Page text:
Arkansas Mobile Sports Betting Rules Pass Racing Commission, But With Controversy


Arkansas voters legalized commercial casino gambling through a November ballot referendum. Along with allowing two racinos to transition into full-scale casinos with slot machines and table games – as well as two brand-new from-the-ground-up casinos – Issue 4 legalized sports betting in the state.

Arkansas sports betting Racing Commission ARCArkansas sports betting Racing Commission ARC
A gambler places a sports bet at the Saracen Sportsbook in Pine Bluff earlier this year. The Arkansas Racing Commission this week moved mobile sportsbooks forward by approving provisional rules. (Image: KTHV)

Sports betting commenced in the summer of 2019 at Arkansas’ two racinos turned casinos — Southland Casino Racing and Oaklawn Racing Casino Resort. A sportsbook has also since opened at the new Saracen Casino Resort in Jefferson County’s Pine Bluff.

Issue 4 allows state officials to authorize mobile sports betting. Internet sportsbooks have generated the vast majority of the betting action in states that have retail and online sports betting.

But before the first mobile wager in Arkansas can be placed, the Arkansas Racing Commission (ARC) needed to finalize rules to govern the expanded gaming. It accomplished that during its meeting earlier today.

Mobile Rules Approved

ARC today passed a series of governances that will regulate mobile sportsbooks. However, sportsbook firms like DraftKings and BetMGM took issue with a component of the regulatory details. That clause requires at least 51 percent of a sportsbook’s gross gaming revenue (GGR) stay with the licensed land-based commercial casino.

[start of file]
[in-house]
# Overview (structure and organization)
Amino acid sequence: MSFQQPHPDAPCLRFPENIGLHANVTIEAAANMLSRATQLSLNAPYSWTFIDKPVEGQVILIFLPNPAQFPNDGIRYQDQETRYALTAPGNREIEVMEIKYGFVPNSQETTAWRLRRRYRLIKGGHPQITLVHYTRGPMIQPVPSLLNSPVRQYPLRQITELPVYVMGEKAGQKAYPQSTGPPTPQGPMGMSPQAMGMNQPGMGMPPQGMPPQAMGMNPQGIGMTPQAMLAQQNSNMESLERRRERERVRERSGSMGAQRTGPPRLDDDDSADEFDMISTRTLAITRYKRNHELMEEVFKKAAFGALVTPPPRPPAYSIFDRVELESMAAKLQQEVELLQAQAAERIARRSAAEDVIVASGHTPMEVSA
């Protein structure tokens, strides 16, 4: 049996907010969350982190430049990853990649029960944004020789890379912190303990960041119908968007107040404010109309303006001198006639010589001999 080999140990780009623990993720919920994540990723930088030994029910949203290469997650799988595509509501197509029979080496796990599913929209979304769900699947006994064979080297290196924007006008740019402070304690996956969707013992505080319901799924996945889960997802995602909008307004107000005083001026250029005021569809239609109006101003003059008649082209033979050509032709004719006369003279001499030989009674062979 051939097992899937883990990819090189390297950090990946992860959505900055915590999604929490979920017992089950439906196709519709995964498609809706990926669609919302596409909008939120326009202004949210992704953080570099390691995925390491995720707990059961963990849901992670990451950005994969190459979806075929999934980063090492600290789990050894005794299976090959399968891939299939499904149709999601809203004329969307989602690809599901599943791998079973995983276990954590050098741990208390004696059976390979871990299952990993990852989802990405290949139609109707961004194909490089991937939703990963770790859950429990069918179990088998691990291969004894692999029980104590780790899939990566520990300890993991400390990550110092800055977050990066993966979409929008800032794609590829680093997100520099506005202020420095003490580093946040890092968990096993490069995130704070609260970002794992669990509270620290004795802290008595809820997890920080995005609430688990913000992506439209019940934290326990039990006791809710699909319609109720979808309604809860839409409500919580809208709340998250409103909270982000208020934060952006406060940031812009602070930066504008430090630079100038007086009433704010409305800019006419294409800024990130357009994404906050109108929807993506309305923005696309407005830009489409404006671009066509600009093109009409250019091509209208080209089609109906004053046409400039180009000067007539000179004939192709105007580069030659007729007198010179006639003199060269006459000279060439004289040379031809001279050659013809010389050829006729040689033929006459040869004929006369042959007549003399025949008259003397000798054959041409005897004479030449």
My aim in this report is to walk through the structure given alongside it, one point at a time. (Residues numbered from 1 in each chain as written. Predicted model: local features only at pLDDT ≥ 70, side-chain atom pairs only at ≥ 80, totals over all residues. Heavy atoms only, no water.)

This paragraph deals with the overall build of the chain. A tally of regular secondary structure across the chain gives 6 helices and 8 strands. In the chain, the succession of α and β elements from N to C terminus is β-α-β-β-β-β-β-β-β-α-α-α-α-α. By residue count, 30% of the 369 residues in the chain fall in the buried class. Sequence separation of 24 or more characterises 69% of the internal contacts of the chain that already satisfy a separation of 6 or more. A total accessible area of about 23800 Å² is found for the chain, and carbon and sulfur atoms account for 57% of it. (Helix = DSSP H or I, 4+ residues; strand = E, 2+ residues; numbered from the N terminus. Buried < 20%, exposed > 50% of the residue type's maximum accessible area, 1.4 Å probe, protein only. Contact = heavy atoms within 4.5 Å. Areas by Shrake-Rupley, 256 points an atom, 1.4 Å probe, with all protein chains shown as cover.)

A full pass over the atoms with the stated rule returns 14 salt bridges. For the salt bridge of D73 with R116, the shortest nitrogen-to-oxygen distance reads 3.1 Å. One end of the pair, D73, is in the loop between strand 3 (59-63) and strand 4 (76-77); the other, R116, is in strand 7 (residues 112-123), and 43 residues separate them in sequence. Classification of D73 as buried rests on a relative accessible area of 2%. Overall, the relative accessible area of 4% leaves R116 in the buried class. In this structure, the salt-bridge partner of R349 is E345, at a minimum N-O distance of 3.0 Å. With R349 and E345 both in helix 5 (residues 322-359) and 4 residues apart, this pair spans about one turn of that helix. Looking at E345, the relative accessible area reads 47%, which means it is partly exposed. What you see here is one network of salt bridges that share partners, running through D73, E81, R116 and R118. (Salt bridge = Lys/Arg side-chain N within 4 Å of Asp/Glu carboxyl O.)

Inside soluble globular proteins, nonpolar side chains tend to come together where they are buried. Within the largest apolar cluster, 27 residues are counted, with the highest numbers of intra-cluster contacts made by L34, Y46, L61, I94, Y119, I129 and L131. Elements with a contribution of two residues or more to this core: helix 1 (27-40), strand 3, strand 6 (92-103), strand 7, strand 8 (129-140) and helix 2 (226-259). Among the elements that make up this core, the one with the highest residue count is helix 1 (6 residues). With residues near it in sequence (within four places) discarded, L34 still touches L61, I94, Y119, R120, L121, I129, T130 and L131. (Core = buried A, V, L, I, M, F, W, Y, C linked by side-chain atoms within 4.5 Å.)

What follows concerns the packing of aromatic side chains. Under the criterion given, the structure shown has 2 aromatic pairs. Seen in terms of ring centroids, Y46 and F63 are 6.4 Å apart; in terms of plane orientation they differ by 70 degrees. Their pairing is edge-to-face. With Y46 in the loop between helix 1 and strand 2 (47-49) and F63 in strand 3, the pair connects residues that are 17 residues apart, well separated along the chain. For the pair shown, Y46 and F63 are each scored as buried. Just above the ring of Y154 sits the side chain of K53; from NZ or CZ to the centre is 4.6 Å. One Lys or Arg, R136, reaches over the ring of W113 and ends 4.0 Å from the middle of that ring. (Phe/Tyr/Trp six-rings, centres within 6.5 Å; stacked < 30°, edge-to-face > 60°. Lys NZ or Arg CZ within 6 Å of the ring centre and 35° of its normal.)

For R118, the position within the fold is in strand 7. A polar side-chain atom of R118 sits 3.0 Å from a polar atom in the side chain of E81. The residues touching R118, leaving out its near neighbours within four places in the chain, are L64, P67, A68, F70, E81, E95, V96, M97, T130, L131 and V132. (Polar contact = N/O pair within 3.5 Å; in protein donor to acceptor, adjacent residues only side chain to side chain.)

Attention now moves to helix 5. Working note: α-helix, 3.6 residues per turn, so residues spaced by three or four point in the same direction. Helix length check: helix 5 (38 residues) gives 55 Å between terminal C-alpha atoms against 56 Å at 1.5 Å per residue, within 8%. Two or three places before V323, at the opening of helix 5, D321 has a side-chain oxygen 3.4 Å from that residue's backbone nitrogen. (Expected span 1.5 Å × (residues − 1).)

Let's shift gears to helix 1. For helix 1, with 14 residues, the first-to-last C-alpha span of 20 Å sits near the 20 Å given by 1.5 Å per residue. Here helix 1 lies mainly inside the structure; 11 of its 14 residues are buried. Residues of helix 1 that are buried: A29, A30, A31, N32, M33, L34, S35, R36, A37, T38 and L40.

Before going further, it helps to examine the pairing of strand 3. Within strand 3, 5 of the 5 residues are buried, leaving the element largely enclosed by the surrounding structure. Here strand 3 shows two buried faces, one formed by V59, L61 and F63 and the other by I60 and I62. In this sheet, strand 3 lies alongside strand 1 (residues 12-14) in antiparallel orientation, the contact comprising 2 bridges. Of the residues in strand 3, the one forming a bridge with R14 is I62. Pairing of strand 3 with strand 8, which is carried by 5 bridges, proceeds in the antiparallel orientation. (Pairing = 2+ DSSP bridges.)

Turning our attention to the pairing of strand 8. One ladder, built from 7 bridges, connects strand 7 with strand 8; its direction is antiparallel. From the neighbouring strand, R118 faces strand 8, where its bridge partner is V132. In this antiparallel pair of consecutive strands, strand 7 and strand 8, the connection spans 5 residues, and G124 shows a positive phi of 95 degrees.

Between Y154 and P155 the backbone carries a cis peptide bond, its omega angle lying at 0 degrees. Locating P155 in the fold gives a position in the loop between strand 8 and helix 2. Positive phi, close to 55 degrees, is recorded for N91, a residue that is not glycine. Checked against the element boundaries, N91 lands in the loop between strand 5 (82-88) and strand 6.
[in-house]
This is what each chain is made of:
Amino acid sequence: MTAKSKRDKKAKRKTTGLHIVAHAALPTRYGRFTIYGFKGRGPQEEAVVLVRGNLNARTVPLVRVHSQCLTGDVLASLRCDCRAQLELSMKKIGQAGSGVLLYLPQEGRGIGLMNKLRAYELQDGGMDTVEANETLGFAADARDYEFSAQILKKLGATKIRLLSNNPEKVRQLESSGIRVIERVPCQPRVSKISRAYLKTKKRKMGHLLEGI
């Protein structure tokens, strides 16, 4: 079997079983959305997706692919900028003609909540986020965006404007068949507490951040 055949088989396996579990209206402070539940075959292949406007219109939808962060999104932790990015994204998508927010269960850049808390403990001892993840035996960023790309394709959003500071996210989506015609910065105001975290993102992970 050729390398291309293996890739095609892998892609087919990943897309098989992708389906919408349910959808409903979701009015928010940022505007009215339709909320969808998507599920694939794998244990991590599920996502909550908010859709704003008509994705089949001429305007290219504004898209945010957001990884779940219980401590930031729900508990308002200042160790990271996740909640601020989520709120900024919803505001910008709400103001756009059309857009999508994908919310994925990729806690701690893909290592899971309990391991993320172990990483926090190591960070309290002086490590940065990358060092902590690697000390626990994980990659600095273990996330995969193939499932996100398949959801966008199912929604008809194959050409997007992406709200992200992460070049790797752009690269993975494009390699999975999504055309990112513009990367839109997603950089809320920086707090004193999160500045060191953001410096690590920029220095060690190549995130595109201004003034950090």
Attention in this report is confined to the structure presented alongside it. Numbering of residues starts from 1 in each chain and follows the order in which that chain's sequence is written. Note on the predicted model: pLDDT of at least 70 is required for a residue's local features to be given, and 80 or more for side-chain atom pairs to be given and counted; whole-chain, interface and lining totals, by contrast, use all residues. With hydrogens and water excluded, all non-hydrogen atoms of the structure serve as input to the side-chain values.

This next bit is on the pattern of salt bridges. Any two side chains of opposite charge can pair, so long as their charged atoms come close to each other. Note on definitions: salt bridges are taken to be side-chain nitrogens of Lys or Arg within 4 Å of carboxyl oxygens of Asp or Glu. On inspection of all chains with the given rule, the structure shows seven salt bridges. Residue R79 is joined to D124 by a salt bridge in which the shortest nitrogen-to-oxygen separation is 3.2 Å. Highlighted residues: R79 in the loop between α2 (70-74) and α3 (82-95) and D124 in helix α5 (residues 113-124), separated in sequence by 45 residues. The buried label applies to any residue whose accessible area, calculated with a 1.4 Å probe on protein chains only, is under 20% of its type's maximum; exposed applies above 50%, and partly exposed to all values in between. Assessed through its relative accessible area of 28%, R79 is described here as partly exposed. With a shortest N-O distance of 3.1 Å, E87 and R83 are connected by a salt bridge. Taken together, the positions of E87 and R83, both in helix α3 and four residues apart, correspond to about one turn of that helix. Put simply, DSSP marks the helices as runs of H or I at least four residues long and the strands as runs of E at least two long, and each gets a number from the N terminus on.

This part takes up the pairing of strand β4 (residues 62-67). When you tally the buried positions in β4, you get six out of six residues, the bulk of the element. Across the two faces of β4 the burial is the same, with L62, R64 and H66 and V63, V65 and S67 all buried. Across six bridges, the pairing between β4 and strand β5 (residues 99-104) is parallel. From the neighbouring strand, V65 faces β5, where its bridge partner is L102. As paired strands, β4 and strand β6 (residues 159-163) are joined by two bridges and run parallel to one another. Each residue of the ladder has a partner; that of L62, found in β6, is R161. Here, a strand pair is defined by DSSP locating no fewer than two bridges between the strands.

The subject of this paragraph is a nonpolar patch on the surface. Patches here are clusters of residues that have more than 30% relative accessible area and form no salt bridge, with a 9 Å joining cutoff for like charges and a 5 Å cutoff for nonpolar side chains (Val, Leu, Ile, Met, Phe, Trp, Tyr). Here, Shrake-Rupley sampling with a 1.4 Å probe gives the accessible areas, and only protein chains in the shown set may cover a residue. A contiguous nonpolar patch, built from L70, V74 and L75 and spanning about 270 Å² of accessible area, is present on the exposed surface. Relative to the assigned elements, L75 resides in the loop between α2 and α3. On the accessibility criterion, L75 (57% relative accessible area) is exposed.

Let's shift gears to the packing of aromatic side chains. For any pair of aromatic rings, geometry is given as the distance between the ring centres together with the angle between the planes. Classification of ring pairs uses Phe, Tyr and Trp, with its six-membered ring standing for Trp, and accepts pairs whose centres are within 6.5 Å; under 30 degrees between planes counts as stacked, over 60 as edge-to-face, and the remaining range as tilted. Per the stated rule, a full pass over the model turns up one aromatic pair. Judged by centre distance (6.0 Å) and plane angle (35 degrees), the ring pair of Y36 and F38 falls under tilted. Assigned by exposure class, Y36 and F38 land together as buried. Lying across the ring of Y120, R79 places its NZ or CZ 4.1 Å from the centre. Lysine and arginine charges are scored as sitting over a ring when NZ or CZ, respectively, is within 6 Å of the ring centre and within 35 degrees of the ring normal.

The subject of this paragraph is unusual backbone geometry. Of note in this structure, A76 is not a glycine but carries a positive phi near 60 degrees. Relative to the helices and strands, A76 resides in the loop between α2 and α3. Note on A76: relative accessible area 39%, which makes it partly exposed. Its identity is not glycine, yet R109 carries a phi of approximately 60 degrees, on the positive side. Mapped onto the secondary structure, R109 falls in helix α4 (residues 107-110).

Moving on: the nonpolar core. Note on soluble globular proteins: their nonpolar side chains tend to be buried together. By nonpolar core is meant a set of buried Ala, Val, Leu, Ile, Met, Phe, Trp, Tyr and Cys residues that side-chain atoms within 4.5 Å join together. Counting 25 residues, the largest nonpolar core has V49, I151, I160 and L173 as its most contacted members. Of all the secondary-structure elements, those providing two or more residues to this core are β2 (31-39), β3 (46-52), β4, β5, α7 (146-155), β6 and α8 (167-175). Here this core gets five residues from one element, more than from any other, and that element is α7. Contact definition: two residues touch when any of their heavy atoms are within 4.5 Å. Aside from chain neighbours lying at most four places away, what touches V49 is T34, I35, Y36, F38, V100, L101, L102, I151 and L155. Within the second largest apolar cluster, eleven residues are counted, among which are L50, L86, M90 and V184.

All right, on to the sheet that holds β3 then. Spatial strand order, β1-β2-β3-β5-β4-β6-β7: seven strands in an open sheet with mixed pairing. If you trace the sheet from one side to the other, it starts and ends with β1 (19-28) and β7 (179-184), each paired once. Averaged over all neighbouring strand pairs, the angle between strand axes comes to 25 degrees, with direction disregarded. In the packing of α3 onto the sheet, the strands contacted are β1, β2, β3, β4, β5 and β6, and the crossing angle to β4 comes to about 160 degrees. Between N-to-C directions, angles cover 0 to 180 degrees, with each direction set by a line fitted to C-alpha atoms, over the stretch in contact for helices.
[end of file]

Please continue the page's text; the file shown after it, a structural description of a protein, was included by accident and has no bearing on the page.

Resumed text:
The Racing Commission fielded stern opposition regarding the revenue-share mandate from the interactive sportsbooks. Reps argued that no state before Arkansas has forced revenue terms on land-based casinos and their third-party online sportsbook partners.

“No other state that has legalized sports wagering dictates how revenues are shared between a licensee and its vendors,” a BetMGM statement to the committee stressed.

The sportsbooks contend that they should keep the majority of the sports betting income, as their platforms are responsible for marketing to players. Those customers, the sportsbooks claim, generate revenue for the casinos in a variety of other ways.

The US gaming industry spent nearly half of a billion dollars on marketing over the last 12 months. Much of the spending has been by sportsbook and iGaming firms advertising their online operations in states where such gambling is legal.

Despite the feedback, ARC passed its mobile sports betting rules with the revenue directive.

These proposed amendments prohibit a casino licensee from contracting with a third-party vendor which receives the majority or more of the net gaming revenue received in conducting sports wagering,” the ARC summary said.

Each mobile sportsbook that receives a license or “skin” from ARC must be partnered — aka tethered — to one of the four brick-and-mortar casino licensees. The approved ARC mobile sportsbook rules allow each casino to partner with only one internet sportsbook platform.

Not Final

The Arkansas Racing Commission sent its proposed rules on mobile sports betting to the state’s Legislative Council.

The bipartisan Legislative Council consists of 20 state representatives and 16 state senators. The powerful council acts as a mini-legislature and must approve amendments to state laws such as mobile gaming. There is no timetable as to when the council will begin reviewing ARC’s recommended mobile sportsbook conditions.

Sports betting revenue will be lumped into a casino’s overall total gaming revenue. A casino’s gaming revenue is subject to a 13 percent tax on the first $150 million in GGR. That rate increases to 20 percent thereafter.

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